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Thursday, October 7, 2010

Be a Joiner! Literary Organizations

As you are writing your résumé and trying to beef up your relevant experience, literary organizations are a perfect way to do that with relative ease. There are a lot of groups that can show your seriousness about working in the book industry, as well as helping you network. Don't just join everything - that shows a lack of focus and desperation. But pick a few that truly interest you.

I've mentioned the Women's National Book Association several times as it's a great organization. There are chapters all over the country - Boston, Charlotte, Detroit, Los Angeles, Nashville, New York, San Francisco, Seattle, and Washington D.C. - and also men can join. Once you join, you have access to the database of members all over the country, which you can use for networking, as well as joining the group on LinkedIn and networking at the meetings if you live near a chapter.

I've been a member of the Jane Austen Society of North America since my senior year in college, which has 65 chapters. More than once, that single line at the bottom of my résumé has been a topic of conversation in an interview, and it directly led to one job, which my mother heard about at a JASNA meeting. There are other national and international organizations dedicated to classic authors such as Mark Twain and Sir Arthur Conan Doyle.

The PEN American Center is a perfect group to join if you are interested in international literature, and particularly they often fight for authors who are being repressed. Sisters in Crime is for women interested in mysteries/thrillers. The Association of Booksellers for Children is for all people involved in selling books to children. The Children's Book Council is an organization promoting literacy in children, as are First Book and Reading is Fundamental.

There are a ton of groups for writers but remember, saying you want to be an author is a strike against you when trying to get a job in publishing. So think twice about putting them on your résumé. If you've been involved in one for many years and/or are an officer, you should certainly list it, but not more than one. You'll be giving the wrong message.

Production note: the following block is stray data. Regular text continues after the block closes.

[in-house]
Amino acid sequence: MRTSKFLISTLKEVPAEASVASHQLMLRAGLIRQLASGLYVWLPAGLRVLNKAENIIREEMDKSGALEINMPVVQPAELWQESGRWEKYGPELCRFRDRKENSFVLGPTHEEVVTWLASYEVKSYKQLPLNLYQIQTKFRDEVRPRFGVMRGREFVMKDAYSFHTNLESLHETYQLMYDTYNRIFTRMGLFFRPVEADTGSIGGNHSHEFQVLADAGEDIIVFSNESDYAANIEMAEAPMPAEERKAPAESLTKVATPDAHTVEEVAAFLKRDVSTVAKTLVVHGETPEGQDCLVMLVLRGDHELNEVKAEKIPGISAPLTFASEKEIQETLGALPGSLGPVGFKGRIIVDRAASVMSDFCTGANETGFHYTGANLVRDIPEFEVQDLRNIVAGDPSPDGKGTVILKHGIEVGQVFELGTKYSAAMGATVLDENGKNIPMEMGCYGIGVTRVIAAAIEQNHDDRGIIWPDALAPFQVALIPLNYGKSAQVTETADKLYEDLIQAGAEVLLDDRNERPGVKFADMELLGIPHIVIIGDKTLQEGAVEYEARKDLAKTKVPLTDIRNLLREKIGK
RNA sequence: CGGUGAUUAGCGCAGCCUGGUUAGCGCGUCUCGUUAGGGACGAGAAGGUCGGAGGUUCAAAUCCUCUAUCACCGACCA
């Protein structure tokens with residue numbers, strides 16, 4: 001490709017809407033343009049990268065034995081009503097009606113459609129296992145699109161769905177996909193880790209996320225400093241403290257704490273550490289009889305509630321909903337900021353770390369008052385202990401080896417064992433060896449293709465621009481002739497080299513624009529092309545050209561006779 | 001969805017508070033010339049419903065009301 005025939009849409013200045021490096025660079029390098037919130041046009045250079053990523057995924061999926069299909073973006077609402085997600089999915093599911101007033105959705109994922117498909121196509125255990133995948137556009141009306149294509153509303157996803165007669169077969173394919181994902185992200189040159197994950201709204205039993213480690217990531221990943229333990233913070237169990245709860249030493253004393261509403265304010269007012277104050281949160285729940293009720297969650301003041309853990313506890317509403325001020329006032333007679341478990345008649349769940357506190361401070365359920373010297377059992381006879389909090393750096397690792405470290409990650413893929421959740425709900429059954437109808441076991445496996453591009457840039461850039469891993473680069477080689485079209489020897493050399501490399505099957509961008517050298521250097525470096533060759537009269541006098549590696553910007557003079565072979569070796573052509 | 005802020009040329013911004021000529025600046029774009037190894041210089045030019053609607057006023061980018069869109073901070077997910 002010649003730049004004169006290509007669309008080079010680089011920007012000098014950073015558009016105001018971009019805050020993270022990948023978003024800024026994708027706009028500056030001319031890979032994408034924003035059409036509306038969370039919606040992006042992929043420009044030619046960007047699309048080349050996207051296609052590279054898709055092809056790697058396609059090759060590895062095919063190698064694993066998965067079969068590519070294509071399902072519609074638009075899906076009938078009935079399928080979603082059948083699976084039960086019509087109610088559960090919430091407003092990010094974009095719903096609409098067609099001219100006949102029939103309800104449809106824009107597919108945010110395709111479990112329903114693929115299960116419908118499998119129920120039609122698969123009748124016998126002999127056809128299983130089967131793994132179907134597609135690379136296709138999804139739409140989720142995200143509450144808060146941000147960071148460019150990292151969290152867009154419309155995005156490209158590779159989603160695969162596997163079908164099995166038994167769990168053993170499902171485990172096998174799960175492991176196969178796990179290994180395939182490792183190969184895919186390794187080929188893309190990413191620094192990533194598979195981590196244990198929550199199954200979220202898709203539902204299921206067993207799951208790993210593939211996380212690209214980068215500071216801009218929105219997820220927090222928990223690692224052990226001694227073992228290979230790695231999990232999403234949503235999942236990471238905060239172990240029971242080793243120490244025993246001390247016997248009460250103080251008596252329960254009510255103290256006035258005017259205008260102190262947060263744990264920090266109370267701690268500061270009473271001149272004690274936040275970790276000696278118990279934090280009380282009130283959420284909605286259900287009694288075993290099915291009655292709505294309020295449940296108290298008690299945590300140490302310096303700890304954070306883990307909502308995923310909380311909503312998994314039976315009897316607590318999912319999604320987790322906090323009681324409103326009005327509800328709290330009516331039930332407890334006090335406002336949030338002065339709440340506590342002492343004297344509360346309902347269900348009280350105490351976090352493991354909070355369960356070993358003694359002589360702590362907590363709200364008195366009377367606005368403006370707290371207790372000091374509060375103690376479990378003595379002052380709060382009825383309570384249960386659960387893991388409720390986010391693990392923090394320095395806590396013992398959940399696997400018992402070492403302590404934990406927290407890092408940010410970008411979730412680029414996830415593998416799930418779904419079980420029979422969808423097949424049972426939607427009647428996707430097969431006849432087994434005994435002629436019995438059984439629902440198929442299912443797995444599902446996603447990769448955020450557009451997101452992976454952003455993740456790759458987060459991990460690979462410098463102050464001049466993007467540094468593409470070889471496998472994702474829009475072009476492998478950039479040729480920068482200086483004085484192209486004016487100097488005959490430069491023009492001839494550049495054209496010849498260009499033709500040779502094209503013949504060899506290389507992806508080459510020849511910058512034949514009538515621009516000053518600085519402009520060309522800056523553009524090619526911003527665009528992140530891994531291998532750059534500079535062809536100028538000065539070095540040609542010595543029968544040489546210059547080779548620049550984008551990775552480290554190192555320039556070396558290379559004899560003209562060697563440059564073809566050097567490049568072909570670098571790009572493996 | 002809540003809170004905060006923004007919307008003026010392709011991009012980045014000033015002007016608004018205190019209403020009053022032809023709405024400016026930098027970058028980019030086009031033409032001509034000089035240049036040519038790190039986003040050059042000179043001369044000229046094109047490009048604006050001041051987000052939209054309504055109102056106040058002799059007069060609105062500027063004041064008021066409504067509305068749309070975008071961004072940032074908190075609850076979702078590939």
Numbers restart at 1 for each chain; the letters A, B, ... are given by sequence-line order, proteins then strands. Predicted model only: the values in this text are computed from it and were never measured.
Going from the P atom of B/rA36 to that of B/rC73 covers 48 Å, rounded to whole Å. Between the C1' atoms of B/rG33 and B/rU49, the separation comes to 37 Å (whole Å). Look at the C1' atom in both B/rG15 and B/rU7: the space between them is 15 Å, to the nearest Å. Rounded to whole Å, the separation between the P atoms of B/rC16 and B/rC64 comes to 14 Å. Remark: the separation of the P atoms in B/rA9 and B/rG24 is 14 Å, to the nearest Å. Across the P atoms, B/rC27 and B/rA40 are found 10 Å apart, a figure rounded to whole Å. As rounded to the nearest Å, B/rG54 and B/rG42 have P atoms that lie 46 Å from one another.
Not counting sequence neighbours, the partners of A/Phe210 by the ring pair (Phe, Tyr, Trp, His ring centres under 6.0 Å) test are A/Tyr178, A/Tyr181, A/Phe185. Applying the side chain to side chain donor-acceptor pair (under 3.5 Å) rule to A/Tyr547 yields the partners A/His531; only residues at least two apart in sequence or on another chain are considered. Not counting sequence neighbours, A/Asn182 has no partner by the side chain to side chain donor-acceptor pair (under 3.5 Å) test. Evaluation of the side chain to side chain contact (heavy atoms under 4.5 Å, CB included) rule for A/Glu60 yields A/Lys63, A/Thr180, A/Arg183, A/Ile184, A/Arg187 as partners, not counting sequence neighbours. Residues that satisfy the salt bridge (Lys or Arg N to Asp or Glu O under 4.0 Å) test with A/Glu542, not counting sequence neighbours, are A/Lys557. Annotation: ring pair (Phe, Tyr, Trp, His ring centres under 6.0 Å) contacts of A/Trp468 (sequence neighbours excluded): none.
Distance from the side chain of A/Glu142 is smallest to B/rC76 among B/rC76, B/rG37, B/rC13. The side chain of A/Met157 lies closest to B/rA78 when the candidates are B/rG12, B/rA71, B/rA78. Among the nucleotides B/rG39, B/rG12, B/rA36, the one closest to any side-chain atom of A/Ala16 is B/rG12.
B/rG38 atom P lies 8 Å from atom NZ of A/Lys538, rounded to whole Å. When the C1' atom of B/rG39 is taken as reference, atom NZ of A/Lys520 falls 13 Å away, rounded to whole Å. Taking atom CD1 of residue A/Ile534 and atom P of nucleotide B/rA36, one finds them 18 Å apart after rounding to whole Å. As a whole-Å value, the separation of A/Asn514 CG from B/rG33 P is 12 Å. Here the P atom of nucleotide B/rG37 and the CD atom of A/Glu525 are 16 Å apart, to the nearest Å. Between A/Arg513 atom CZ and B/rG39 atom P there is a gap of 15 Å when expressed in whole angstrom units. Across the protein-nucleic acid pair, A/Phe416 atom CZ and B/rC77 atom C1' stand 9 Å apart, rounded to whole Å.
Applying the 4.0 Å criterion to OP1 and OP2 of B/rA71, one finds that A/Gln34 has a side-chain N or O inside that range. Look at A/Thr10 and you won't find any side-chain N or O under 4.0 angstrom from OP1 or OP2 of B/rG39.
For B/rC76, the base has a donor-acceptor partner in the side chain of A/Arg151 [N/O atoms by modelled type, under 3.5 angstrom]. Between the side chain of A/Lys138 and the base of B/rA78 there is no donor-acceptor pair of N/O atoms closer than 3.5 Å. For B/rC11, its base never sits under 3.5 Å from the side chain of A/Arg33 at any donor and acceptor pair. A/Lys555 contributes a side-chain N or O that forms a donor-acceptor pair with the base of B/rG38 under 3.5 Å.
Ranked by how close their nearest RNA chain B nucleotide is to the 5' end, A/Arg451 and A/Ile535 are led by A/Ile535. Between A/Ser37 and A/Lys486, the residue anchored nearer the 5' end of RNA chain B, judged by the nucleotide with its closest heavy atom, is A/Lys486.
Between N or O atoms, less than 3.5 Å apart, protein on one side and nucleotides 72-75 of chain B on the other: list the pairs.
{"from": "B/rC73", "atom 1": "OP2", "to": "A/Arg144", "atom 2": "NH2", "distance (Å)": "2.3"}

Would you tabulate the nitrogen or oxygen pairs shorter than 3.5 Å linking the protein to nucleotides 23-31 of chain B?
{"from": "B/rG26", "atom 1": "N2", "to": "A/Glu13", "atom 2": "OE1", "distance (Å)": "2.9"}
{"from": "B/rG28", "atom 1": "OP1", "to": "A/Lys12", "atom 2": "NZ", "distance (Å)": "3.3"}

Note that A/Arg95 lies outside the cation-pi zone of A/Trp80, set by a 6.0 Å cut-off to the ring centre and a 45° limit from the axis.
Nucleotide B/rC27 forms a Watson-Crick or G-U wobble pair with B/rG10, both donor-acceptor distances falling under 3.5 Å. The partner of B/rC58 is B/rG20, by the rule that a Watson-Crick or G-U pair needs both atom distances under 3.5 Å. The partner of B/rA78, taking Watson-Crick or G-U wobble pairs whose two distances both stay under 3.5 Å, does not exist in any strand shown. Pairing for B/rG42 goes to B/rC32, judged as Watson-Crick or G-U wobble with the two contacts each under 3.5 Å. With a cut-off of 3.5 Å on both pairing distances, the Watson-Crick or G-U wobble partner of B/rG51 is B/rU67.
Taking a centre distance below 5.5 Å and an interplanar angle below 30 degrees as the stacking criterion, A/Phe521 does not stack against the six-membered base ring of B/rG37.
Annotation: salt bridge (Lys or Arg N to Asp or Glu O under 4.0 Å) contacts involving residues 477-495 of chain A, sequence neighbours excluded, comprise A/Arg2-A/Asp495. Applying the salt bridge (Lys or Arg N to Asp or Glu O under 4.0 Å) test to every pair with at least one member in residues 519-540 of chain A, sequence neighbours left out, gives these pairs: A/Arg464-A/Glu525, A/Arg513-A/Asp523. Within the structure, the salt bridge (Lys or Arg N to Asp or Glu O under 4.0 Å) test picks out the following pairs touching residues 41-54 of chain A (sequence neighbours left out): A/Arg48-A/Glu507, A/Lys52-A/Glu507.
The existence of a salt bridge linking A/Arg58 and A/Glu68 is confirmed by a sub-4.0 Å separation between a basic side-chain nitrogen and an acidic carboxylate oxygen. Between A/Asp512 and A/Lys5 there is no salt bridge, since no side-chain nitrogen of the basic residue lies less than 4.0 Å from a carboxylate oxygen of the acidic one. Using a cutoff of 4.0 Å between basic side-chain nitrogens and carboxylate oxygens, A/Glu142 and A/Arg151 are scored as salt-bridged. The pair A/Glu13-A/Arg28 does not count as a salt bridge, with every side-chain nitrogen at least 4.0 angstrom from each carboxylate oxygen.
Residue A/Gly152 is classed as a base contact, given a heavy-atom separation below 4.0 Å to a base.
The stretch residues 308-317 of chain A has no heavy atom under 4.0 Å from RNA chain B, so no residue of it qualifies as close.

Joining these groups can help your résumé look more literary, can help with networking, and is a way to demonstrate your commitment to the book industry.

2 comments:

tediousandbrief said...

Very interesting post!

For some reason I'm surprised to hear there is a Jane Austen Society...but given the love her writing has (as evident by the multiple continuations of her stories and how a lot of bloggers seem to love her), I shouldn't have been surprised.

If I can ask a question...as I've never actually finished reading a Jane Austen novel, which one would you suggest trying to read?

(I made it 1/2 through Emma and 1/2 through Northanger Abbey before putting them down one day for some reason and wasn't able to get back into them from where I was in the story.)

Carin S. said...

@tedious,
Pride & Prejudice really is the best. Northanger Abbey is a farce of gothic lit, so it's not representative of her other novels, and not the best place to start. In Emma she purposefull set out to write book with an unlikable protagonist, so that's not necessarily a best 1st on either. Sense & Sensibility is another good one. Try P&P and S&S.